The Los Angeles Conservancy has produced a video that tells the story of Boyle Heights' historic and unusual Wyvernwood Garden Apartments, a sprawling 70-acre complex built in the late 1930s where generations of immigrants have raised generations of Angelenos.
The complex, which I visited a while back, is unique in that its buildings are set among vast grassy fields, giving the place a sense of space and breathability while housing about 6,000 residents. It's an anomaly in Los Angeles, especially in this dense part of the city.
Regrettably, the complex faces the wrecking ball. The Florida-based investment company that owns it announced plans in 2008 for a $2 billion redevelopment in that would replace its 1,187 existing units with 4,400 condominiums and apartments, including high-rises, and retail space. The developer has said that demolition is not imminent, but residents have mounted a resistance.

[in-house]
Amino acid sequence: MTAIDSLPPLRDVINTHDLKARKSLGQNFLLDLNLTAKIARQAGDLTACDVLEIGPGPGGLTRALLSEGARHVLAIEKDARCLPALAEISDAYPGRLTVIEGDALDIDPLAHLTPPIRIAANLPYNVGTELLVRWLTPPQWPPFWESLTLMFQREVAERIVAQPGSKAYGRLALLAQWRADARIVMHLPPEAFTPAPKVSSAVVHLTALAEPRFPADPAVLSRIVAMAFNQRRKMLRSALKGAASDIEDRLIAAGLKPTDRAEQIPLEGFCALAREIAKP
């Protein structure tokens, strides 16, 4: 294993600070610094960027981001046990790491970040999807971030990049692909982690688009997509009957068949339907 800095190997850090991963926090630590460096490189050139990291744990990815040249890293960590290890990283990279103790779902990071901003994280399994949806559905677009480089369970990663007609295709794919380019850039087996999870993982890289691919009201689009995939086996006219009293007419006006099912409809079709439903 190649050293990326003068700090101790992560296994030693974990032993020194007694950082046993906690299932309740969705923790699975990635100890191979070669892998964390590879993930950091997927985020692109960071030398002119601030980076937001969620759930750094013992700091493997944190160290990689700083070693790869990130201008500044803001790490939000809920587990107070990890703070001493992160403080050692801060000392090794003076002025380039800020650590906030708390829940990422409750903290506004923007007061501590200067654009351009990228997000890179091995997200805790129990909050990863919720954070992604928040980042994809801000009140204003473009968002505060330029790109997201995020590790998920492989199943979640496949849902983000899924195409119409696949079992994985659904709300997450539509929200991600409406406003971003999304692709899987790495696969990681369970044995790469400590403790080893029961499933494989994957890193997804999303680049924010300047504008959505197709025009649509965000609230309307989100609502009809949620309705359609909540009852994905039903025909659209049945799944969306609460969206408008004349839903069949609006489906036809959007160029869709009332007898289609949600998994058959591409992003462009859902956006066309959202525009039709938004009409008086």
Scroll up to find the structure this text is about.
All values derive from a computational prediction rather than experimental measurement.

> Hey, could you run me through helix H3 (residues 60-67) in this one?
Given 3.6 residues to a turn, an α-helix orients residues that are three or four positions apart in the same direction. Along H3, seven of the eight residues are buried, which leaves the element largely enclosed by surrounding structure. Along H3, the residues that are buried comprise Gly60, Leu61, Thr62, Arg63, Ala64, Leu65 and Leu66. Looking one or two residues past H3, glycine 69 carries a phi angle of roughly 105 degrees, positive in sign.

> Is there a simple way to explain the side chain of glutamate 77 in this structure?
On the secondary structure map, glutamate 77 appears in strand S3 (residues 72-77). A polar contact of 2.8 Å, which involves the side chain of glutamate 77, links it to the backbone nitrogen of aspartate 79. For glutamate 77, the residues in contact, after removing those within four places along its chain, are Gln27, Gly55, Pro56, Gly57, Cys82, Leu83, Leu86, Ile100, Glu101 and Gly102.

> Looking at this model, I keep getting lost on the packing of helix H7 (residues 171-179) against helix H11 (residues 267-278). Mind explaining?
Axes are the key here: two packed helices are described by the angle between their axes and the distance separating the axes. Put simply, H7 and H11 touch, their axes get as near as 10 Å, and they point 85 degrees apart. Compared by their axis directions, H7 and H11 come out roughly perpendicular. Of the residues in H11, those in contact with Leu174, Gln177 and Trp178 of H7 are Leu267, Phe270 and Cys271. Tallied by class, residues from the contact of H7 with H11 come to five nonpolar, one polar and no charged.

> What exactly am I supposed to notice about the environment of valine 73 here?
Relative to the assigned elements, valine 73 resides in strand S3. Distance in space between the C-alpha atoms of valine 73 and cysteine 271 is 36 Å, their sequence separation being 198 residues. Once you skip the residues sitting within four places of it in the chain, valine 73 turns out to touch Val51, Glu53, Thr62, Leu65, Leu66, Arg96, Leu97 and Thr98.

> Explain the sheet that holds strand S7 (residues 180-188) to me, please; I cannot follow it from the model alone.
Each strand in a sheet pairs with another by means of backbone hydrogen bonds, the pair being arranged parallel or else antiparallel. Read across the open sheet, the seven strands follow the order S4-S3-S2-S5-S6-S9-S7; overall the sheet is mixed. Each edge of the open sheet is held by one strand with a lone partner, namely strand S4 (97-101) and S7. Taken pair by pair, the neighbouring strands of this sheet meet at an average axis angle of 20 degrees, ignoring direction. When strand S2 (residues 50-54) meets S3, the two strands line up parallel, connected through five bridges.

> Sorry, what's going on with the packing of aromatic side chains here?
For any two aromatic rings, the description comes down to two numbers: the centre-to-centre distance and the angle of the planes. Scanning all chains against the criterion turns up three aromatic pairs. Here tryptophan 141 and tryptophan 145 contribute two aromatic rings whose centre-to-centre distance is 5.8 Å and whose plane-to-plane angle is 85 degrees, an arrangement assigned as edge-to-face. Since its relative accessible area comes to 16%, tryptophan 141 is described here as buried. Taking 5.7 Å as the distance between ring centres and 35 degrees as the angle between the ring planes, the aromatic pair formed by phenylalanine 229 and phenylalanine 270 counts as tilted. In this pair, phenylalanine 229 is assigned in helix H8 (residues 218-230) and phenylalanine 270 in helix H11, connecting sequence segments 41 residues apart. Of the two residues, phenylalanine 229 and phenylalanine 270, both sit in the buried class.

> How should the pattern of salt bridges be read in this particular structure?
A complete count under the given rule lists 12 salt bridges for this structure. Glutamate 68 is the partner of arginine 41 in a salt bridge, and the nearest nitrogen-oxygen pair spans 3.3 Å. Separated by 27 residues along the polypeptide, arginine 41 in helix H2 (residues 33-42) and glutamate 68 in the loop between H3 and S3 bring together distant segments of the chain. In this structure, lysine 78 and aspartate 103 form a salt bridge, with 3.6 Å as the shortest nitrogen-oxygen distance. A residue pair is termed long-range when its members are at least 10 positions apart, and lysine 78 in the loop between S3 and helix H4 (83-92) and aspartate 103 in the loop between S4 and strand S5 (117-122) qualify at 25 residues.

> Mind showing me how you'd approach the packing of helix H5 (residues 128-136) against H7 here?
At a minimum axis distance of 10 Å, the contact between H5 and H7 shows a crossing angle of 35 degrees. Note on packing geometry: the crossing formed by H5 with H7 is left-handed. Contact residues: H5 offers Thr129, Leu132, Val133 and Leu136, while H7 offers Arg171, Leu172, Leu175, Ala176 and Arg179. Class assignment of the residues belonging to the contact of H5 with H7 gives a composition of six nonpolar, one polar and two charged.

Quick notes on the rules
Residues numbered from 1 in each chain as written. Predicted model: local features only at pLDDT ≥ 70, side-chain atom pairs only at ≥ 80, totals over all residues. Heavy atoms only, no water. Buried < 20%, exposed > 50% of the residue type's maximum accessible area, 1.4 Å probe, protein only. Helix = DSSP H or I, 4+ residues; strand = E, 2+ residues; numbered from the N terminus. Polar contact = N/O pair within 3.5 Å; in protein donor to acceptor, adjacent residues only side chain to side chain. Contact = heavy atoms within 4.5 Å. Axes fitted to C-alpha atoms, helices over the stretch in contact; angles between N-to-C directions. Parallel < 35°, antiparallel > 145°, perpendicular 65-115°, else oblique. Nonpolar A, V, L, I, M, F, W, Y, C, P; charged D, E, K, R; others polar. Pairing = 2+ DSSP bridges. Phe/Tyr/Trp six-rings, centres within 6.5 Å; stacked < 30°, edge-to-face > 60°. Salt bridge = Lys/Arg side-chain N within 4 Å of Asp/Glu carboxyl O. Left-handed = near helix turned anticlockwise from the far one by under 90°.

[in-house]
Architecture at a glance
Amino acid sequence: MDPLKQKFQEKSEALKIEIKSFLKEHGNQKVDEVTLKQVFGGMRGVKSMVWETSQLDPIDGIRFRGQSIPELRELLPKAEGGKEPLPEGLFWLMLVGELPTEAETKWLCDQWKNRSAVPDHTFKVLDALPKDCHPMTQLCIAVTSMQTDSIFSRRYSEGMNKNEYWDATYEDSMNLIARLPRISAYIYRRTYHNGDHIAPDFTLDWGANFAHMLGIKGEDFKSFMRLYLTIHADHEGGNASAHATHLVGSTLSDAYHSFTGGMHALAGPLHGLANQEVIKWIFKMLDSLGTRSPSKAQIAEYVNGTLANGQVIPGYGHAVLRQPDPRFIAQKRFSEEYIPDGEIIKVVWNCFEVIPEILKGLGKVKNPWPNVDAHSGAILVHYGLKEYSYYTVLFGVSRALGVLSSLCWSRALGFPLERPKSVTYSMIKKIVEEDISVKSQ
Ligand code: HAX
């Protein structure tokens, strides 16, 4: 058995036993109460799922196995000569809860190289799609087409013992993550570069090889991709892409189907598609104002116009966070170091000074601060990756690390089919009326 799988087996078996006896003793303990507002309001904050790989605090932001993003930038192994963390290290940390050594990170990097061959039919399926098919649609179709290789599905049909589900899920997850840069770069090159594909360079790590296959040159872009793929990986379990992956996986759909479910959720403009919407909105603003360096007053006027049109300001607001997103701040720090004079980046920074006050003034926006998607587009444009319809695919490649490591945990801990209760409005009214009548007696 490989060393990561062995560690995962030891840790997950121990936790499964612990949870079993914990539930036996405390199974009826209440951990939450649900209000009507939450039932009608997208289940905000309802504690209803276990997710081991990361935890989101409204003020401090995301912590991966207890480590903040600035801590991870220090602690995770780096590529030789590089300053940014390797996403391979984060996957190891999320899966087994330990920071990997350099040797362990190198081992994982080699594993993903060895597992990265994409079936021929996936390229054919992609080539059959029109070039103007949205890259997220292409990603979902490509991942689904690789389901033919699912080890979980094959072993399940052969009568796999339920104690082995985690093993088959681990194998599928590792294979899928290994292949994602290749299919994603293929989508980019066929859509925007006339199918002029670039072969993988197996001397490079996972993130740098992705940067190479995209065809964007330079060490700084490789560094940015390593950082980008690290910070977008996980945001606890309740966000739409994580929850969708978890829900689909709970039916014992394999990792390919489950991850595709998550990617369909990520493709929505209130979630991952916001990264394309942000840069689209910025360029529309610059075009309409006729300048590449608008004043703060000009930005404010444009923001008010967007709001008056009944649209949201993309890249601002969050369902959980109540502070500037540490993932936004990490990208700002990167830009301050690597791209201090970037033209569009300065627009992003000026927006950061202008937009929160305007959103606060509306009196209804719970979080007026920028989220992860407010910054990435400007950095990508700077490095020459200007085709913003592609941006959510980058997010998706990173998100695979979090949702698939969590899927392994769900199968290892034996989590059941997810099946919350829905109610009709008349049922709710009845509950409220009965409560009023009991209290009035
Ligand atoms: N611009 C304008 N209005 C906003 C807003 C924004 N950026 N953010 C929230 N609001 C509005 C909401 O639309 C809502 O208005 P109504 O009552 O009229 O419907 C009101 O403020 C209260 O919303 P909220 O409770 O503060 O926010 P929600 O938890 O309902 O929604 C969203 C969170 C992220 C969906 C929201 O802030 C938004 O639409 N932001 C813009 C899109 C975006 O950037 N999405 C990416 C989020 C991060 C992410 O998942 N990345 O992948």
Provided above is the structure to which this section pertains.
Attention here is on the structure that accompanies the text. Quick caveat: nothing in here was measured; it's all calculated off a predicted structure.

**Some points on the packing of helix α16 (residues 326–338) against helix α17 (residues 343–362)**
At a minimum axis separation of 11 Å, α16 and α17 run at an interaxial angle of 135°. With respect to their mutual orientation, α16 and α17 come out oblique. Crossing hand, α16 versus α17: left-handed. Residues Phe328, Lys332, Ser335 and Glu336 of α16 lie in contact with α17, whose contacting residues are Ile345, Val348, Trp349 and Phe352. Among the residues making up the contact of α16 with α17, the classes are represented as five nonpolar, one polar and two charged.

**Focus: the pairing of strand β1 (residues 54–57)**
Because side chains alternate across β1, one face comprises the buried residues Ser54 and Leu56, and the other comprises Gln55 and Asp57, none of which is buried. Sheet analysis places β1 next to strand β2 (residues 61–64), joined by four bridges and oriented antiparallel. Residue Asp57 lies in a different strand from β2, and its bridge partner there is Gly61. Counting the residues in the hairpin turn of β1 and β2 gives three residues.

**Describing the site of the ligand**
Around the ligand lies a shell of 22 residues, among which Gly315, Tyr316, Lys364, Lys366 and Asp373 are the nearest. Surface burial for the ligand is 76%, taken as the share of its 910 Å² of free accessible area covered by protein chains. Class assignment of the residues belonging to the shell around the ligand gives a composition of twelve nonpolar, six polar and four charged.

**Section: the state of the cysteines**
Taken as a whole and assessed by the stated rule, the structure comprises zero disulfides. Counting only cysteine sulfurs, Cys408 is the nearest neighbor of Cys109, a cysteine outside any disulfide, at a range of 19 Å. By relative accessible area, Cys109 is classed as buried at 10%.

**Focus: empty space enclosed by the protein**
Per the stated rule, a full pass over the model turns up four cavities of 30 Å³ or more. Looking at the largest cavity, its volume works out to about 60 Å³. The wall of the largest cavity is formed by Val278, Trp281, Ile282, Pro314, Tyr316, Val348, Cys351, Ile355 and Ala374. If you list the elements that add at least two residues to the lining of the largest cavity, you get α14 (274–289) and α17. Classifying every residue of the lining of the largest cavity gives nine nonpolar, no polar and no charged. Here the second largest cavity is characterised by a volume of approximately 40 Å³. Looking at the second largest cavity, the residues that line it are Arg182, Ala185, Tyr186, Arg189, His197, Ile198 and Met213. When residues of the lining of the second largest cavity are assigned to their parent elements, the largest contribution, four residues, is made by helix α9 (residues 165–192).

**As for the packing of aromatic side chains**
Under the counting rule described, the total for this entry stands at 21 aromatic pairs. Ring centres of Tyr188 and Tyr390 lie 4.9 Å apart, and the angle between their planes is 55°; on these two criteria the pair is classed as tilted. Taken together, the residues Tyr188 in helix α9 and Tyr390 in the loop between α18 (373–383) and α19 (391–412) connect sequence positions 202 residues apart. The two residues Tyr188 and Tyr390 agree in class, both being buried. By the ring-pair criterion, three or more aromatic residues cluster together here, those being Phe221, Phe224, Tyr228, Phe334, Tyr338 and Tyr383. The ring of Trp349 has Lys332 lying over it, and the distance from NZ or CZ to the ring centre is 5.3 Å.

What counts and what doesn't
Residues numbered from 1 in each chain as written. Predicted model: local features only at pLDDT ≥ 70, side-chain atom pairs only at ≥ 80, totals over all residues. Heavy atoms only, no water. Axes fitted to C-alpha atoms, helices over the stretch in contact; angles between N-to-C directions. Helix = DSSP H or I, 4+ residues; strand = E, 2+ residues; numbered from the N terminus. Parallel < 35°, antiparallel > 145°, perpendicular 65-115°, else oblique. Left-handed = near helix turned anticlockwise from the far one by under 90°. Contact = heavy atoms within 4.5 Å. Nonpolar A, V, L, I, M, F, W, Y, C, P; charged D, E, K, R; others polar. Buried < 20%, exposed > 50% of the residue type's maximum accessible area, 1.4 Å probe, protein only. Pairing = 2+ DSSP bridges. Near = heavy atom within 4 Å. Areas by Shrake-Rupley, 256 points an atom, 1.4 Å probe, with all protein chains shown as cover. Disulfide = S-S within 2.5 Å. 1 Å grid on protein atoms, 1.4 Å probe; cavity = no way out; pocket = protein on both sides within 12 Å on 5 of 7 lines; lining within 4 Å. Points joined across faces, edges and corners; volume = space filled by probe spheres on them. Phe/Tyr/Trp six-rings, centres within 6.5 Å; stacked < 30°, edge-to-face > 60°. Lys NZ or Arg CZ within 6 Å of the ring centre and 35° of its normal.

One neat aside is the back-and-forth on a Facebook page set up by residents, where former residents trade stories of growing up there. Some say they still steer clear after gang violence hit the complex hard in the 1990s; current residents, pointing out that the violence has diminished, urge them to come back and visit. It's an interesting conversation.
Wyvernwood residents provided most of the footage for the video through a multimedia project last year that was funded by the National Trust for Historic Preservation, working with the Los Angeles Conservancy and the Los Angeles Media Collective.